The study allowed to confirm the diagnosis in all disorders presenting known OS profiles. Additional file 2: A and B illustrate the MoM results obtained from all analyzed samples. Each sample was considered positive for a specific disorder when the MoMs of all qualifying and quantifying transitions were increased compared to controls at least 5 times for fresh urine and 2 times for DUS. Some disorders presented with a specific OS profile while in other diseases, the analysis revealed abnormal OS excretion but not-specific profiles. Overall, DUS samples showed lower background interferences when compared to urine samples.

Disorders with a specific OS profile

Figure 2 shows the scatter charts of the most characteristic transitions in disorders showing specific OS profiles [4].

Fig. 2
figure2

Scatter charts of the most characteristic transitions in disorders showing specific OS profiles. The figure shows for each storage disorders the most characteristic MRM transitions in urine and DUS in comparison to controls: a sialidosis: transition 1200.4 > 1099.4 of the sialyl-OS NeuAc-Hex3HexNAc2; b α-mannosidosis: transition 568.2 > 347.2 of the mannosyl-OS NeuAc-Hex3HexNAc2; c fucosidosis: transition 504.2 > 289.2 of the fucosyl-OS Fuc-HexNAc-Asn; d β-mannosidosis: transition 406 > 244 of Hex-HexNAc and derivatives; e aspartylglucosaminuria: transition 520.2 > 305.2 of the GlcN-Asn + glycoasparaginyl-OS Hex-HexNAc-Asn; f GM1 gangliosidosis: transition 933.5 > 388.3 of the galactosyl-OS Hex3-HexNAc2; g GM2 gangliosidosis, Sandhoff type: transition 1136.3 > 933.4 of the N-acetylgalactosaminyl-OS Hex3-H; h GM2 gangliosidosis, Tay-Sachs type lacking the increase of the transition 1136.3 > 933.4 of the N-acetylgalactosaminyl-OS Hex3-HexNAc3 as seen in GM2 Sandhoff type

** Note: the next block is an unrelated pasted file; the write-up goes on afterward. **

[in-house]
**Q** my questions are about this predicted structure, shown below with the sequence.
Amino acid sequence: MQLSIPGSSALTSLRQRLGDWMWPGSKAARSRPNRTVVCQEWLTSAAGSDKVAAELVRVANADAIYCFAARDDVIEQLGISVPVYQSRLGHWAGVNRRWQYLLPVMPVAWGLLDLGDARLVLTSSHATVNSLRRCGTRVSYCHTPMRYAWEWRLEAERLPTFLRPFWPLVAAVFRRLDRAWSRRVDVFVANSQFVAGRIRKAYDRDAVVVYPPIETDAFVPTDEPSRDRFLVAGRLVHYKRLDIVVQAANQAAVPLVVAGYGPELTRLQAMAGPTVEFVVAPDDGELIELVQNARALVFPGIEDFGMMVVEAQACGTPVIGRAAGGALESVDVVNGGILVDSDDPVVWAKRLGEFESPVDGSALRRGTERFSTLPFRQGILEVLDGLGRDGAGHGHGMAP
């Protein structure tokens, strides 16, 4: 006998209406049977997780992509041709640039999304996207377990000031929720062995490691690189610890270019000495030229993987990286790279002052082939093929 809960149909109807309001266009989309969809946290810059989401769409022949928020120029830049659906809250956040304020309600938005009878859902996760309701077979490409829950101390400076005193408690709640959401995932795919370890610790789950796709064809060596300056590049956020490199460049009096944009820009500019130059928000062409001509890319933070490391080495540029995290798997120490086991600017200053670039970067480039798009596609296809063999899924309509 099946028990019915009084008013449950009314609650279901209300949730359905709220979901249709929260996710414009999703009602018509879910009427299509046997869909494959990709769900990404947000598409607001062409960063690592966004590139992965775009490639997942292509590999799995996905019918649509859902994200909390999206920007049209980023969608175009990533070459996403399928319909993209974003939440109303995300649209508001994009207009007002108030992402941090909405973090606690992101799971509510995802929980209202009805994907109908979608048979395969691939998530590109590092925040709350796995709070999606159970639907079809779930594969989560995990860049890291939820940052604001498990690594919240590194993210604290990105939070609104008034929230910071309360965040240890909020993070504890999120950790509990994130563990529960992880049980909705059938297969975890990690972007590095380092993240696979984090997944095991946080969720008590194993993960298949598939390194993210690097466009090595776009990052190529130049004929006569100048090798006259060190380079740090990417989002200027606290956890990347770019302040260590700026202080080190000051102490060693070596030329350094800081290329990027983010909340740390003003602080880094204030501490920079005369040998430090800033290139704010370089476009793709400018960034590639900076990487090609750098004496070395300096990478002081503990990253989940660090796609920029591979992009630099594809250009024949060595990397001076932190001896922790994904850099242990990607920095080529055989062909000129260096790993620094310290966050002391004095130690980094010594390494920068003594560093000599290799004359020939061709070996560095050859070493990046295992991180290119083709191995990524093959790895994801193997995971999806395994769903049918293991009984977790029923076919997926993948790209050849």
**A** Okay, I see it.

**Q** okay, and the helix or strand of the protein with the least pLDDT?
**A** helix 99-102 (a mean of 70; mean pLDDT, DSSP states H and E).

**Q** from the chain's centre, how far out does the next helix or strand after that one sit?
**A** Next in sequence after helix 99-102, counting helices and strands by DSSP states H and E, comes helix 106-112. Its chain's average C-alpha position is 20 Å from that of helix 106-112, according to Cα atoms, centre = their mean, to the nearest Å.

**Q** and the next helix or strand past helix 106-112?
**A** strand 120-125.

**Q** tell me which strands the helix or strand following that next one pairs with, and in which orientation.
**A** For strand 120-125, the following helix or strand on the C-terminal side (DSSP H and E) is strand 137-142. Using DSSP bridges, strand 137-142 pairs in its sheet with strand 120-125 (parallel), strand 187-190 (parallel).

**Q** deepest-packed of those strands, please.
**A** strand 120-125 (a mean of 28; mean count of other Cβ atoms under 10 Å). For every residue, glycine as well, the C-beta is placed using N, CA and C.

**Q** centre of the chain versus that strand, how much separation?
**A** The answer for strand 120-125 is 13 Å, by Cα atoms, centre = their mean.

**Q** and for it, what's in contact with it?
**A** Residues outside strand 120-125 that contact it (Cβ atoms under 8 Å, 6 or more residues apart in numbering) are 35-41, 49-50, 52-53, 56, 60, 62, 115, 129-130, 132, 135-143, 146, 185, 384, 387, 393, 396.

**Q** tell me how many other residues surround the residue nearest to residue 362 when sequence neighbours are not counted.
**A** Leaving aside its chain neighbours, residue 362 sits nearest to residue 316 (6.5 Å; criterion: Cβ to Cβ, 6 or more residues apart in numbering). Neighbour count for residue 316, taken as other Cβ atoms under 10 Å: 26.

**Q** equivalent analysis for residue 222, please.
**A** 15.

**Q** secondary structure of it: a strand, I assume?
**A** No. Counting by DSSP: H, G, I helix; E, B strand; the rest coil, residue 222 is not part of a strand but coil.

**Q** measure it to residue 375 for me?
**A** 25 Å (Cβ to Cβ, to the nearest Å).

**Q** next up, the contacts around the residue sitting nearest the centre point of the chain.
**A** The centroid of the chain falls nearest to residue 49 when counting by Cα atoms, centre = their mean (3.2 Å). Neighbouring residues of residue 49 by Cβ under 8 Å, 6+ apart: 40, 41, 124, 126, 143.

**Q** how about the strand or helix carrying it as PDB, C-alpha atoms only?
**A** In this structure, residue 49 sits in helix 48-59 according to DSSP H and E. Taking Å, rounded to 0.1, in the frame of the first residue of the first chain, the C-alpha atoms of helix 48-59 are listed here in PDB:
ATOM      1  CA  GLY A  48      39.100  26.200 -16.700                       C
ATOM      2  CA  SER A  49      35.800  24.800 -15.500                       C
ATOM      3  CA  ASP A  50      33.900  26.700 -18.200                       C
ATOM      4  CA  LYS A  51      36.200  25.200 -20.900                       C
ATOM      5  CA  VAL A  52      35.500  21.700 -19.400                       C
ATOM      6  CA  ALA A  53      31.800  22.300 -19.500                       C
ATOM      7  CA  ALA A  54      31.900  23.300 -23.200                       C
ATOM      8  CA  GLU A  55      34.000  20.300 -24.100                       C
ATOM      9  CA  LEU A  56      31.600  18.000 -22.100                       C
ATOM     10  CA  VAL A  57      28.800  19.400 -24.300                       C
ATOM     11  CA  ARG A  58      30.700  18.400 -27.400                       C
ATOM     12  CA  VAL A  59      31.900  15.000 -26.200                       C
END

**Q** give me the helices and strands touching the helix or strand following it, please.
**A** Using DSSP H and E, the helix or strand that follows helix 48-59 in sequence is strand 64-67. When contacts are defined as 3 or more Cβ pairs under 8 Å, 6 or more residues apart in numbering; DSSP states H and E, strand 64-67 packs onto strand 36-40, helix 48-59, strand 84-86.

Sialidosis

Three negative MRM transitions were selected as the most characteristic for the sialyl-OS NeuAc-Hex3-HexNAc2 and one was used for quantitative analysis. We analyzed 1 urine and 1 DUS sample from one patient and both quantitative and qualitative MRMs were highly increased compared to controls, with 102 fold elevation in urine and 668 fold in DUS.

α-Mannosidosis

Eight positive MRM transitions for the three mannosyl-OS, Hex2-HexNAc, Hex3-HexNAc and Hex4-HexNAc were selected as the most characteristic, and 4 were used for quantitative analysis. We analyzed 2 urine samples and 3 DUS obtained from 2 patients and all quantitative and qualitative MRMs were highly increased compared to controls, with a 110–118 fold elevation in urines and 29–245 fold in DUS for the most characteristic transition.

β-Mannosidosis

Nine positive and eight negative MRM transitions for Hex-HexNAc and its derivatives were selected as the most characteristic, and 5 were used for quantitative analysis. We analyzed 1 urine sample and 1 DUS from a patient and all quantitative and qualitative MRMs were highly increased compared to controls, with 720 fold elevation in urine and 155 fold in DUS for the most characteristic transition.

Fucosidosis

Six positive MRM transitions for the two fucosyl-OS, Fuc-HexNAc-Asn and Fuc-HexNAc2-Hex3, were selected as the most characteristic, and 3 were used for quantitative analysis. We studied 4 patients and analyzed 3 urine samples and 3 DUS and all quantitative and qualitative MRMs were highly increased compared to controls, with 220–470 fold elevation in urine and 152–373 fold in DUS for the most characteristic transition.

Aspartylglucosaminuria